The Twentieth Century Society

Review: 100 Years of Architectural Drawing: 1900-2000

by Neil Bingham (Laurence King, 320pp, £30)

Reviewed by Sally Rendel

Three hundred architectural drawings from the last century and from across the globe are given room to breathe in this wide-ranging collection. The spacious one-per-page format in five chronological sections encourages comparison between peers and over time. Text is kept to a minimum and, while the short section introductions merely scratch the surface of the historical and architectural context, the captions to the drawings really sing. Each one tells a tale, and the many themes show just how rich and diverse architectural drawing is.

Architectural drawings have many purposes over the course of a project. They are key tools of communication: to sell a design, capture its essence and set out how it is technically arranged and built. They are also used to explore and develop designs. Many drawings do a bit of everything, and this book includes examples of each, the author recognising that working drawings for constructors ‘are often more beautiful and intriguing than the most elaborate perspectives created for seducing clients’. Subjects are at scales from urban masterplan to door handle, viewed from every angle – birds above, and worms below – or twisted, flattened, distorted.

Early 20th century architectural training included life drawing, still-life and measured building studies. Good draughtsmanship took you into architecture. Bingham tells us of Dutch architect Michel de Klerk who, aged just 14, was plucked from his school classroom in 1898 to begin an apprenticeship with the visiting architect Eduard Cuypers. De Klerk’s excellent drawings underpinned a very successful career. At the end of the last century architectural pupils were still judged on their ability to communicate through the creation of images, but drawing from life was no longer on the curriculum.

The fruits of real life representation are evident in the 1:50 coloured rendering of the American Hotel in Amsterdam, created by Willem Kromhout’s office in 1900. An office-wide undertaking, this was an enormous finished piece at a scale that would give the architects space to express the three dimensional qualities of the brickwork facade they were designing, capturing form in material and shadow across the surface of the building. This is a technical drawing enriched with texture and depth – both a representation and a tool to evolve the detail of the façade.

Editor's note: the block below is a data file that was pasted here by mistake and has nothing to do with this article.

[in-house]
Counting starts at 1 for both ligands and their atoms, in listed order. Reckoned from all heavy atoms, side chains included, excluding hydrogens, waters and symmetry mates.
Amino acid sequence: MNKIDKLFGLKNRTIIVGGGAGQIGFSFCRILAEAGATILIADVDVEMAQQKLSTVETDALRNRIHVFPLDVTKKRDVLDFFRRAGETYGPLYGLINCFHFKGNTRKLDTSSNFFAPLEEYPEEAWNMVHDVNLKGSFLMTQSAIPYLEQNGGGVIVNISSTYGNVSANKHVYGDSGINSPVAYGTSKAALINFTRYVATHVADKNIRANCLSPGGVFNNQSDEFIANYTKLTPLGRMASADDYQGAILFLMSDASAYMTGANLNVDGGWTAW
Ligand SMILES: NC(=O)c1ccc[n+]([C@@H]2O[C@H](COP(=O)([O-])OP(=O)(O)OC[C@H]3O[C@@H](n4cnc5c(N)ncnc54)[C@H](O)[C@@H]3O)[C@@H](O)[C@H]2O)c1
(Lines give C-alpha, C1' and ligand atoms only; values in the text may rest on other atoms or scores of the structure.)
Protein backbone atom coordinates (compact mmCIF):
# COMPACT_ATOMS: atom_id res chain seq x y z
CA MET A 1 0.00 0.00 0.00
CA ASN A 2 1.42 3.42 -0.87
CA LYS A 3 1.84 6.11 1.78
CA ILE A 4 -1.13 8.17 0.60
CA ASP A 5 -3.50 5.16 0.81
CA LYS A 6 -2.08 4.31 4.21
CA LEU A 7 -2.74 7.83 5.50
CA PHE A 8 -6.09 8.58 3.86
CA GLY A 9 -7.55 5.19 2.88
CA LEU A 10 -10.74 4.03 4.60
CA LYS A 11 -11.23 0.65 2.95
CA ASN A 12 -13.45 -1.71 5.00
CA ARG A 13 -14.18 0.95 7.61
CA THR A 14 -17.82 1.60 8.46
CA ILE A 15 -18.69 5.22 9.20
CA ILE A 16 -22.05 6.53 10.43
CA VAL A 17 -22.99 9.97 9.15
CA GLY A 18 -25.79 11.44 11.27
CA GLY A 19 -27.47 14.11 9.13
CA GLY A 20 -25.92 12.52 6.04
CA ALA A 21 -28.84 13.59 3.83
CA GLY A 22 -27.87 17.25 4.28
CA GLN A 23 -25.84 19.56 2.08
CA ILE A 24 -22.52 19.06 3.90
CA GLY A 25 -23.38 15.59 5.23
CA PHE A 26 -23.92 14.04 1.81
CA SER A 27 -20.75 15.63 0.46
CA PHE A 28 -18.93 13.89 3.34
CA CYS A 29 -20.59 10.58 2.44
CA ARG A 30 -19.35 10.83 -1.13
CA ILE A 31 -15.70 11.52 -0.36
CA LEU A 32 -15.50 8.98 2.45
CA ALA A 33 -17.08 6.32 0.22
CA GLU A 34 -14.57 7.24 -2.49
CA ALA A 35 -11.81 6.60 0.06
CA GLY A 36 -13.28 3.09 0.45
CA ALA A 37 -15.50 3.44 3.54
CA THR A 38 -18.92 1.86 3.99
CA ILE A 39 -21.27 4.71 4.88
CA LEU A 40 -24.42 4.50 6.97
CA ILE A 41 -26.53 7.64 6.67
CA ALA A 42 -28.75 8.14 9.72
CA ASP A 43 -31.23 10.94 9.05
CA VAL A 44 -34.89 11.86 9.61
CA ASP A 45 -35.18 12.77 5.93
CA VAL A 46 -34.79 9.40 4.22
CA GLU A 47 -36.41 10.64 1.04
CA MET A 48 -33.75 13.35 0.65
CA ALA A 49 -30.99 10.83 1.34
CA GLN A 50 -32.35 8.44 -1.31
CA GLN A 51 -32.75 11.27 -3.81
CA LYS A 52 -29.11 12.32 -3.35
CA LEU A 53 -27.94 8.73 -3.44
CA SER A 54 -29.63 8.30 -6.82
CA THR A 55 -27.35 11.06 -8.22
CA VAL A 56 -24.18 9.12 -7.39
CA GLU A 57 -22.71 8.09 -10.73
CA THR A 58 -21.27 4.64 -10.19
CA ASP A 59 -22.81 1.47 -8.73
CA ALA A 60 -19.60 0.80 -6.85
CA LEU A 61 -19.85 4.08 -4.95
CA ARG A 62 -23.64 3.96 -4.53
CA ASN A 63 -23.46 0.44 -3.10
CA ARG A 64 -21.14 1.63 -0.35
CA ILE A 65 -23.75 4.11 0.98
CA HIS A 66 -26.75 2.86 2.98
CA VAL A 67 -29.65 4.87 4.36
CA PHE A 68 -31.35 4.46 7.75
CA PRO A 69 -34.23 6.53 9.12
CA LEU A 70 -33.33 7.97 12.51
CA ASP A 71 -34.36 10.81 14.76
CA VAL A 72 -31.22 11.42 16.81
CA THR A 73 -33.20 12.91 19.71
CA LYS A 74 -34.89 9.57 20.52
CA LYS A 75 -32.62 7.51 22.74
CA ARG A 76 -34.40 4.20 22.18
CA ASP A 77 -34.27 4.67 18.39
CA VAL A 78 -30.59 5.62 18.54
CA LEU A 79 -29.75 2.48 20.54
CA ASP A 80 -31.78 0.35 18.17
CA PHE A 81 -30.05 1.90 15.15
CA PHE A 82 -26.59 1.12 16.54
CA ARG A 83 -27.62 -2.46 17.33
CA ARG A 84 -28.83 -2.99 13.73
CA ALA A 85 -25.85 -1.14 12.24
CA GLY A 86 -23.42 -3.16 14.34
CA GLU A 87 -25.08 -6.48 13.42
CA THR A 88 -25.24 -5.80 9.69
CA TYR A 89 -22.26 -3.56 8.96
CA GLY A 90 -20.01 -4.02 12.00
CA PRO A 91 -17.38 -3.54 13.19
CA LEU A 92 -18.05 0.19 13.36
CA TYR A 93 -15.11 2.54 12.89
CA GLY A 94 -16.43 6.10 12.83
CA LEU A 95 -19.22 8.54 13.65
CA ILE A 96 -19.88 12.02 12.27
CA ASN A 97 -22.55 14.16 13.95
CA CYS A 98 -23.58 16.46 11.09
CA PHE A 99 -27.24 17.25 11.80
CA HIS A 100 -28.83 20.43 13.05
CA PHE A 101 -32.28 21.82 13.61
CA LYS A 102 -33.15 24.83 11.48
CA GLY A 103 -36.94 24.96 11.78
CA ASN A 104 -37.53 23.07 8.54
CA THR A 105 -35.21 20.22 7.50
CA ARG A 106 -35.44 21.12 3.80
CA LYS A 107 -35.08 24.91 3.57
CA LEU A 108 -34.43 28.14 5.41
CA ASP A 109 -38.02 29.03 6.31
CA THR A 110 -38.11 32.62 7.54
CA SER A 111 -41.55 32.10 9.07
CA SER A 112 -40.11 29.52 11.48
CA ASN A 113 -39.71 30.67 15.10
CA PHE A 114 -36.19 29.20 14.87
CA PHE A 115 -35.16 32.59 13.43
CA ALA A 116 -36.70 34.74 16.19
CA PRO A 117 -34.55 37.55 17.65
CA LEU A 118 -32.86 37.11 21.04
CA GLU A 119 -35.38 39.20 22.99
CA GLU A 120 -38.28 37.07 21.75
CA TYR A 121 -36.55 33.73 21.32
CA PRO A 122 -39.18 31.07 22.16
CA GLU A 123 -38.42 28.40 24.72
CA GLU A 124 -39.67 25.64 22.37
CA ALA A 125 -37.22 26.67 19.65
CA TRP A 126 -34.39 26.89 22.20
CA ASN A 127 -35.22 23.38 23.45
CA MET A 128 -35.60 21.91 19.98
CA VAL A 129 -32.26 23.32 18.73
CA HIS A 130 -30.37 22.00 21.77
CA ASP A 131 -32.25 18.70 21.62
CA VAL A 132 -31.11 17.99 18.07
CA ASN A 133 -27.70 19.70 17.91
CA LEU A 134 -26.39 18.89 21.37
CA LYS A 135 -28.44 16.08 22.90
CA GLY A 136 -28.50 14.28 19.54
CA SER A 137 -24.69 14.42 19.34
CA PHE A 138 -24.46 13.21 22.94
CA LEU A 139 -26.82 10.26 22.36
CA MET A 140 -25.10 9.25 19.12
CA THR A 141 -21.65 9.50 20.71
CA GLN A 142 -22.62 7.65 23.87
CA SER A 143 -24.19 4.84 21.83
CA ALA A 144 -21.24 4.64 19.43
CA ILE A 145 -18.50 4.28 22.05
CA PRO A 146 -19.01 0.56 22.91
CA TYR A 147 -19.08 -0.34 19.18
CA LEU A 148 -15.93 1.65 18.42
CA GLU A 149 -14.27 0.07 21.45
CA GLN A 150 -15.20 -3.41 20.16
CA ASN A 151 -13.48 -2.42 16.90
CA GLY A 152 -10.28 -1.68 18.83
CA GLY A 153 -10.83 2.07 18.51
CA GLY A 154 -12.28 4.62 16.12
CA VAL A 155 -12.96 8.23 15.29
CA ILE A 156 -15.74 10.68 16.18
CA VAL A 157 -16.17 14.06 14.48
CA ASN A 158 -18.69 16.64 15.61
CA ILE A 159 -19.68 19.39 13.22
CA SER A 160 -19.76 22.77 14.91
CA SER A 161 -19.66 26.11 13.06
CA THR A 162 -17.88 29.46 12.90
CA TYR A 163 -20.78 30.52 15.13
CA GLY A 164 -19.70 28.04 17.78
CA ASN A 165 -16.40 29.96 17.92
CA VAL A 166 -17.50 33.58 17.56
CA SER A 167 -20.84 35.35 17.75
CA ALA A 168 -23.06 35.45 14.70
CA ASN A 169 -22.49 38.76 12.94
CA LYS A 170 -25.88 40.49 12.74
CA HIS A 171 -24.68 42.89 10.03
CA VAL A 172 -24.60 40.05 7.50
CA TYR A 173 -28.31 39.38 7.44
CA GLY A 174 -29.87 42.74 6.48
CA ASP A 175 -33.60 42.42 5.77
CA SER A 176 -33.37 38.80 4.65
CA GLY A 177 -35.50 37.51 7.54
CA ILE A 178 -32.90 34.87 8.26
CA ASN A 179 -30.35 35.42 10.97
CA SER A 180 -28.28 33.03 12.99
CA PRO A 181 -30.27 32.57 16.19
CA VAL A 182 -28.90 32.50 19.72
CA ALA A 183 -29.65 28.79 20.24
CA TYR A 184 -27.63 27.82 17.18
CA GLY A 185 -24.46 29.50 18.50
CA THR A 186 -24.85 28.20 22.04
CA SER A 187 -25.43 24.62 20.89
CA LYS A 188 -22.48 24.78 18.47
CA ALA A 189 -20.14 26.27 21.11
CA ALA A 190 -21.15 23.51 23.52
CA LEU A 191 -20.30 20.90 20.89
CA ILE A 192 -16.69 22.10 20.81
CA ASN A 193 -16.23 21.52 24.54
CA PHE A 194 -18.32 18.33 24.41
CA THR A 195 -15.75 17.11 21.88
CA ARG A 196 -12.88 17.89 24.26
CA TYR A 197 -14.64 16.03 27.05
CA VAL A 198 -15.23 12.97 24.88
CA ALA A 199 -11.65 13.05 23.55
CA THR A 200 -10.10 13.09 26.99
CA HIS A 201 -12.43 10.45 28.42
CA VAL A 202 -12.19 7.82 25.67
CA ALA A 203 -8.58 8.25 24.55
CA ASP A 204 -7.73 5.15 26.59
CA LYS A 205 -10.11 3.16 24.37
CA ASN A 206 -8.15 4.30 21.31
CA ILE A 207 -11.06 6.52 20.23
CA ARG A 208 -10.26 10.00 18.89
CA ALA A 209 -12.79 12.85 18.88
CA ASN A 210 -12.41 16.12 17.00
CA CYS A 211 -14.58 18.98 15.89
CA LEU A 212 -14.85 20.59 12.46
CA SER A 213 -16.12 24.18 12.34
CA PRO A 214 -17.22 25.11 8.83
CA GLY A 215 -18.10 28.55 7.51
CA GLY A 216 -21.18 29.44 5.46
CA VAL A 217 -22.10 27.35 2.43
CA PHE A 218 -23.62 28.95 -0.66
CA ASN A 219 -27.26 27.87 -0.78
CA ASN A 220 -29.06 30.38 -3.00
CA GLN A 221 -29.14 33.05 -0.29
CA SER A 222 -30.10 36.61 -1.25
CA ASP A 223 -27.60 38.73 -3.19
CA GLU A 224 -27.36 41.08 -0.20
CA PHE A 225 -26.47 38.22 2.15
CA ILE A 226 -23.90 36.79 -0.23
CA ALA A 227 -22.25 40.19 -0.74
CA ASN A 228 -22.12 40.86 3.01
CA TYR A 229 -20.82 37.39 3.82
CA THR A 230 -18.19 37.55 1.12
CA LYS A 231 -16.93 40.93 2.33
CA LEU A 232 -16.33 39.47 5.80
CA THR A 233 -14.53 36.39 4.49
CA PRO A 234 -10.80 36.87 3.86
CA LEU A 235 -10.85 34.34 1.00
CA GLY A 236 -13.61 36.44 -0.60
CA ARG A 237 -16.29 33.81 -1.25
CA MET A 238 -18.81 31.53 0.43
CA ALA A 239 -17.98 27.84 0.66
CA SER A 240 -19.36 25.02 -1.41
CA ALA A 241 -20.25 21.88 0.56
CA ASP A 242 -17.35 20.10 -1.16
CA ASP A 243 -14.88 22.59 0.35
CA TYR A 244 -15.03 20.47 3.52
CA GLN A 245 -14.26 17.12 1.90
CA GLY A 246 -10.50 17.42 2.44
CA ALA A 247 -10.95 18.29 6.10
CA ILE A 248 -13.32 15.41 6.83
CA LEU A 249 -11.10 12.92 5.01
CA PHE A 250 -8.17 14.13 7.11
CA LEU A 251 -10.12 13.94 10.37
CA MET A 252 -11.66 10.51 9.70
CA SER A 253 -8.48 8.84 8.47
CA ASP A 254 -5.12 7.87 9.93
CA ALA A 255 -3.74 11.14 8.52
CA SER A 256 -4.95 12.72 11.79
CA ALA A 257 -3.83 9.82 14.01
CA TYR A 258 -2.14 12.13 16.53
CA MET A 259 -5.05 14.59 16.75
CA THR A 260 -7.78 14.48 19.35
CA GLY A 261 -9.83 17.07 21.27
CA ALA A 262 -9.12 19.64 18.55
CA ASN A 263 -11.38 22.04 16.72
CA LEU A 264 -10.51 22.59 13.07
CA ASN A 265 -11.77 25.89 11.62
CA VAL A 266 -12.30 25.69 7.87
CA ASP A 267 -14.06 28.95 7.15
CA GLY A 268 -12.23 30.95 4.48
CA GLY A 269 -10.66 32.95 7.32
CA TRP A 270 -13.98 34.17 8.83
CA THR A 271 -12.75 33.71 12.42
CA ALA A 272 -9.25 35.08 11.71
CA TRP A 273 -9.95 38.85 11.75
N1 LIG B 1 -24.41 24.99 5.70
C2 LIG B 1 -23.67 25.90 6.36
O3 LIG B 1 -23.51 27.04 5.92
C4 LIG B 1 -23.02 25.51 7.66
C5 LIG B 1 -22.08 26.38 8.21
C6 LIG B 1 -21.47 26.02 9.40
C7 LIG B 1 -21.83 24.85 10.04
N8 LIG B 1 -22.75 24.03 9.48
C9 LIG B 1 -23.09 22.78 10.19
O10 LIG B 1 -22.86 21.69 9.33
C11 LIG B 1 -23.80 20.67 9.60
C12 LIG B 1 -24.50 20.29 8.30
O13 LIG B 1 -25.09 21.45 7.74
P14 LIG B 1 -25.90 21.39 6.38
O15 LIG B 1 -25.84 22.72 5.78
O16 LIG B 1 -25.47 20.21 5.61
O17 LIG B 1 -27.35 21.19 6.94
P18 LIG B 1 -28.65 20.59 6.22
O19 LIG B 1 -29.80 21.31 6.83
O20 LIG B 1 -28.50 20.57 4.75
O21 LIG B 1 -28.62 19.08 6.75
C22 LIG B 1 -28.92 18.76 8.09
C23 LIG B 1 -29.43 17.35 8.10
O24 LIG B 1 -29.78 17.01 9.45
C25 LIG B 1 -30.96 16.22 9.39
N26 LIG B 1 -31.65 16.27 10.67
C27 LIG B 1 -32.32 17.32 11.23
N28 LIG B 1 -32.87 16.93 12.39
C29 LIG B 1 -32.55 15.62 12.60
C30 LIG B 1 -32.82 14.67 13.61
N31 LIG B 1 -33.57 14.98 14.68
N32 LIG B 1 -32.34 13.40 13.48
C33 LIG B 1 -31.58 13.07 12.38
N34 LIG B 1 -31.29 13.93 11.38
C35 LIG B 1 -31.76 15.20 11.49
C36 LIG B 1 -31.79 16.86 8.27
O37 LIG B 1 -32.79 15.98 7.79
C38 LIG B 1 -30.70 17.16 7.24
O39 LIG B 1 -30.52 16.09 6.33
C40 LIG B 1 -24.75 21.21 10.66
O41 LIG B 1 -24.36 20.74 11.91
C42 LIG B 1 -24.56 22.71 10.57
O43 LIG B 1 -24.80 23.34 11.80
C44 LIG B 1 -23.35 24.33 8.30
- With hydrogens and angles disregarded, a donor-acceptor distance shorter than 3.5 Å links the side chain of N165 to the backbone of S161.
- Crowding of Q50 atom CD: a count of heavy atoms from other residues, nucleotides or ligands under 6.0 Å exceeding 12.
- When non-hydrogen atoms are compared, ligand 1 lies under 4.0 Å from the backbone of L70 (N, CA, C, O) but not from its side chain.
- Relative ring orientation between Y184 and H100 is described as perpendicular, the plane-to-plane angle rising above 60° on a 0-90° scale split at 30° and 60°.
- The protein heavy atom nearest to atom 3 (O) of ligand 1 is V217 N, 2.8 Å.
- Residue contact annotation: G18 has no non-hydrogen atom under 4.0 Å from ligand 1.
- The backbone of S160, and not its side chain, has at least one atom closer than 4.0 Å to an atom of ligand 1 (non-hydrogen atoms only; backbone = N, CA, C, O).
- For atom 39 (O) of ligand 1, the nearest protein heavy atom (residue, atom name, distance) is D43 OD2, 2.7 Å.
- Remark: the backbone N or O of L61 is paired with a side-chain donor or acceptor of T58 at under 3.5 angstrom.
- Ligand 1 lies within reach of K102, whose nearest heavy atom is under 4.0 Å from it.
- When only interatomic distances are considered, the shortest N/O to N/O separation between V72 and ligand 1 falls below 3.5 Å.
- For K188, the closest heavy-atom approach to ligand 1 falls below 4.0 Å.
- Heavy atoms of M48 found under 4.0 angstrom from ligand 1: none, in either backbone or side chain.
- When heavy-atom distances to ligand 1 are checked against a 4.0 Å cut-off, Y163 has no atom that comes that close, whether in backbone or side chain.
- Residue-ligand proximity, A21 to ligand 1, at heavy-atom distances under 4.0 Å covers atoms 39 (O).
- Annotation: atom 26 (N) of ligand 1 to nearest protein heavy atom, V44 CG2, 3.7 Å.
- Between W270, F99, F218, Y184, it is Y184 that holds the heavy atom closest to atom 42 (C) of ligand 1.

Drawing skills may have been well-honed in the early 20th century office, but pretty representations to sell a design were sometimes farmed out to illustrators and perspective draughtsmen, such as the Edwardian Robert Atkinson. These perspective representations are a delicate balance – enhancing the project and setting it in context with just enough detail for each. Rudolph Schindler’s 1930 image of a seashore house in Venice, California stands out, where the detailed stepping floating planes of the house are set against the dumb massing of the neighbours, and the playful arc of the waves in front evokes a happy life at the seashore. Basil Spence’s rendered perspective of the British Embassy in Rome (1962) and the examples of smooth and shiny digital images of the last few years of the century show that the use of perspective to publicise a scheme has endured.

Alongside these there are looser and more expressive drawings, with plenty of colour and not many inhabitants. Some express the quality of spaces, some focus on concepts. Others, such as Erich Mendelsohn’s fluid pencil sketches beautifully illustrate the exploration of an architectural form through freehand drawing. Densely arranged across a page (perpetuating a war-time habit of being frugal with materials) are many options for the entrance façade to the Metal Workers’ Union building in Berlin (1929). Such insight into a thought process is precious.

It must have been incredibly difficult for Neil Bingham to shortlist these three hundred drawings, a minute fraction of the work he has been surrounded by at the RIBA and the Royal Academy. Many architectural drawings are lost without ever being published. This book serves as a reminder to all architects how the act of drawing – and of really looking – can liberate and clarify thought.